At an age when most people contemplate retirement, Mayank Bhatt immigrated to Canada, and when most newcomers look to earn more, he spent his first five years in Canada writing fiction. His debut novel Belief, published in 2016, shocked him by how warmly it was received. Being foolhardy, he’s working on another book.



Rod 7

Rod Michalko is a blind disability studies theorist who has recently retired from teaching at the University of Toronto. His books and essays are known internationally. He has now moved into the realm of short story writing, and Things are Different Here is his first collection. He lives in Toronto.






Canisia Lubrin is a writer, critic, teacher, and a community arts administrator. She has written for Room MagazineThe PuritanThis MagazineArc Poetry MagazineThe Hamilton Review of Books, The Unpublished City anthologyandThe Globe & Mail, among others. With contributions to podcasts, anthologies, conferences and more, she has appeared on TVO’s The Agenda, CBC’s The Doc Project and was recently named to CBC’s list of 150 exemplary Young Black Women in Canada. Lubrin holds degrees from York University and the University of Guelph, serves on the advisory board at Open Book, the editorial board of Humber Literary Review, and Buckrider Books, and teaches at Humber College. She is the author of Voodoo Hypothesis (Wolsak & Wynn, 2017) and the chapbook augur (Gap Riot Press, 2017).


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BWS 08.11.17 report: How to Write a Novel in 10 Years: Total Rewrites, Massive Scrap Piles, and Persistence Through the Long Haul, with Heidi Reimer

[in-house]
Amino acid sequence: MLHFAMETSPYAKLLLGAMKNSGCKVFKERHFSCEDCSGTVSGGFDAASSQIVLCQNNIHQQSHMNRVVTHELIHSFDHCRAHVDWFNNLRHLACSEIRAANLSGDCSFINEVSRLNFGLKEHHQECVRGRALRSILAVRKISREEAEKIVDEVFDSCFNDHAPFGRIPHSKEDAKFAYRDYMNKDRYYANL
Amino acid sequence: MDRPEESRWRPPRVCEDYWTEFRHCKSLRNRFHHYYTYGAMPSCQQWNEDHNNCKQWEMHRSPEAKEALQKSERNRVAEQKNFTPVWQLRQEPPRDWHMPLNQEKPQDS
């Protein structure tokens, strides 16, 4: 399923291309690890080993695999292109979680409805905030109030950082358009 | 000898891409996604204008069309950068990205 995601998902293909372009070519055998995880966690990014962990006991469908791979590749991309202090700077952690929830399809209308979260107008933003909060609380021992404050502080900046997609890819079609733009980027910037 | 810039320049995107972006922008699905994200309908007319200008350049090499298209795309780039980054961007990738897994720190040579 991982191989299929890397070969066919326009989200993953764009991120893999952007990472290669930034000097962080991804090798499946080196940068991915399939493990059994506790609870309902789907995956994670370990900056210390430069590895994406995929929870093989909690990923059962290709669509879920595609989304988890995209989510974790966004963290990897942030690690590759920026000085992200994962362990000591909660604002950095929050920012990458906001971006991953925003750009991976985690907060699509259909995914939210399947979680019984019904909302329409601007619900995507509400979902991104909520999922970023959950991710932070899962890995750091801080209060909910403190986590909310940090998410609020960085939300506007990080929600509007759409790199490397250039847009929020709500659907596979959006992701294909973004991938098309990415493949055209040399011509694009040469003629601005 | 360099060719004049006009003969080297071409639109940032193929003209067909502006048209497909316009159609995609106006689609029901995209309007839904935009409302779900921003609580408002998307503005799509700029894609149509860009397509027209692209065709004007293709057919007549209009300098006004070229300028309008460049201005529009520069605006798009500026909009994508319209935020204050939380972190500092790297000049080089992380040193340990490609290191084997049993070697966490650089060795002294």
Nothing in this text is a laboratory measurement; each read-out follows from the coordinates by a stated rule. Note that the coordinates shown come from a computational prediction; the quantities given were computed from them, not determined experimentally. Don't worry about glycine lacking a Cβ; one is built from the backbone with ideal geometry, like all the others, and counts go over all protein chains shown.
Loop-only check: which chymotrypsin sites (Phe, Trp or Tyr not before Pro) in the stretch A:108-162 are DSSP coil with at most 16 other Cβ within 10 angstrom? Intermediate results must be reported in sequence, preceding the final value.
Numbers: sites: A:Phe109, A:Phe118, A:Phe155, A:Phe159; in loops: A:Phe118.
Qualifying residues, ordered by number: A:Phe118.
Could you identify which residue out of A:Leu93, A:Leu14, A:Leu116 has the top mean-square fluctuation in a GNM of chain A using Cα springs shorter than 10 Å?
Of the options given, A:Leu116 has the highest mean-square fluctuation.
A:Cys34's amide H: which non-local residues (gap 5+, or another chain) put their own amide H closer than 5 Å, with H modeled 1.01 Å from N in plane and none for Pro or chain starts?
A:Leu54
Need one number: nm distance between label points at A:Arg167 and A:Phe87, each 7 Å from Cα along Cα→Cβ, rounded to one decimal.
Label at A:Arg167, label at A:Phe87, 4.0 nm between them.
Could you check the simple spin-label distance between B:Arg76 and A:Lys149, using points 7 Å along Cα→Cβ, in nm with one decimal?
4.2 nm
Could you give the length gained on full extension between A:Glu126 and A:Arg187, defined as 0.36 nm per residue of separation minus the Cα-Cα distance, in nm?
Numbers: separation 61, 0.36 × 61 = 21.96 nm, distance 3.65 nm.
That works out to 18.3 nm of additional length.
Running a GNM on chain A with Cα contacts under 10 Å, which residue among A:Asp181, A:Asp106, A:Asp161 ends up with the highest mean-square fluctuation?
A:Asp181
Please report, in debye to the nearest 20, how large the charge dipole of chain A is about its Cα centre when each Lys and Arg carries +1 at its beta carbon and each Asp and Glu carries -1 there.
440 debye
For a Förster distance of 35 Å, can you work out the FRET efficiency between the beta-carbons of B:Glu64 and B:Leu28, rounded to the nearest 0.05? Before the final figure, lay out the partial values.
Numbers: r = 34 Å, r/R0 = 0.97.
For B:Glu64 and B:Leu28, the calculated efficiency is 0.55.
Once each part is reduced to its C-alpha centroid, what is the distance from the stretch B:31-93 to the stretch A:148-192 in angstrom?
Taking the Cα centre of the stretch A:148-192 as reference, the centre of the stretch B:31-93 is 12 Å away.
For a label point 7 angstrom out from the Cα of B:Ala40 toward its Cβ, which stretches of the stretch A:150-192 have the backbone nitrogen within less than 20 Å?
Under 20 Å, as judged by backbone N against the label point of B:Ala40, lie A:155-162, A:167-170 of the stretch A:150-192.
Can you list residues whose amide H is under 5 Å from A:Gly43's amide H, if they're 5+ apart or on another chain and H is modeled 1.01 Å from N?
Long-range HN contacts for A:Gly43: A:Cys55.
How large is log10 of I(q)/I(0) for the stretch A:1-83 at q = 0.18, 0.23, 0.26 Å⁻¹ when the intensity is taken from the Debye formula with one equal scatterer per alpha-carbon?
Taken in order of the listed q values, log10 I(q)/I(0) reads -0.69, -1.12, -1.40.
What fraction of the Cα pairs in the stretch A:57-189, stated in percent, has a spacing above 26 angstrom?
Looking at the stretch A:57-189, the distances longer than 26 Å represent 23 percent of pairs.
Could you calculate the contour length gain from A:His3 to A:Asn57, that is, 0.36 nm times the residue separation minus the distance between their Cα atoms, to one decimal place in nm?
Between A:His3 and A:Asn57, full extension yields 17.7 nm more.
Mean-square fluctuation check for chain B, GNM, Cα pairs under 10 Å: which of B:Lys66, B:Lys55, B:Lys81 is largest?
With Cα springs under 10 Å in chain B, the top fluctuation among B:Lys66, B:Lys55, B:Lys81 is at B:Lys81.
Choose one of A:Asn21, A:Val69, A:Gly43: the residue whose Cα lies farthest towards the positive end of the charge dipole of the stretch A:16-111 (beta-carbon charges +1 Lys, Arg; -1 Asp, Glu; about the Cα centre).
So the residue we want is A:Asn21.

Heidi Reimer is close to finishing the novel she’s been working on for the past decade. Last week at our eighth anniversary event, she shared with us a few of the challenges inherent in writing the same novel for 10 years:

The world moves more quickly than your writing process.

You’re forced to rewrite scenes because, in the time since you started this book, answering machines have become obsolete and giant multi-million dollar construction projects have rearranged the landscape in which your story is set. Three hundred kilometre highways blasted through rock are built more quickly than you can write.

Other people might think you’re delusional about the merits of the book you persist in writing.

Closely related: you will fear that other people think you’re delusional about the merits of the book you persist in writing.

At literary events you have to account for yourself with “Yup, still working on the same novel. I’m almost done! For the eighth time.” Fellow writers with whom you once walked side by side will pull ahead to achieve completion, a literary agent, a book deal, a second book deal. When they say, at these literary events, “Wow, you must really believe in this book,” your mind will hear, “Wow, you must really be deluded about this book.”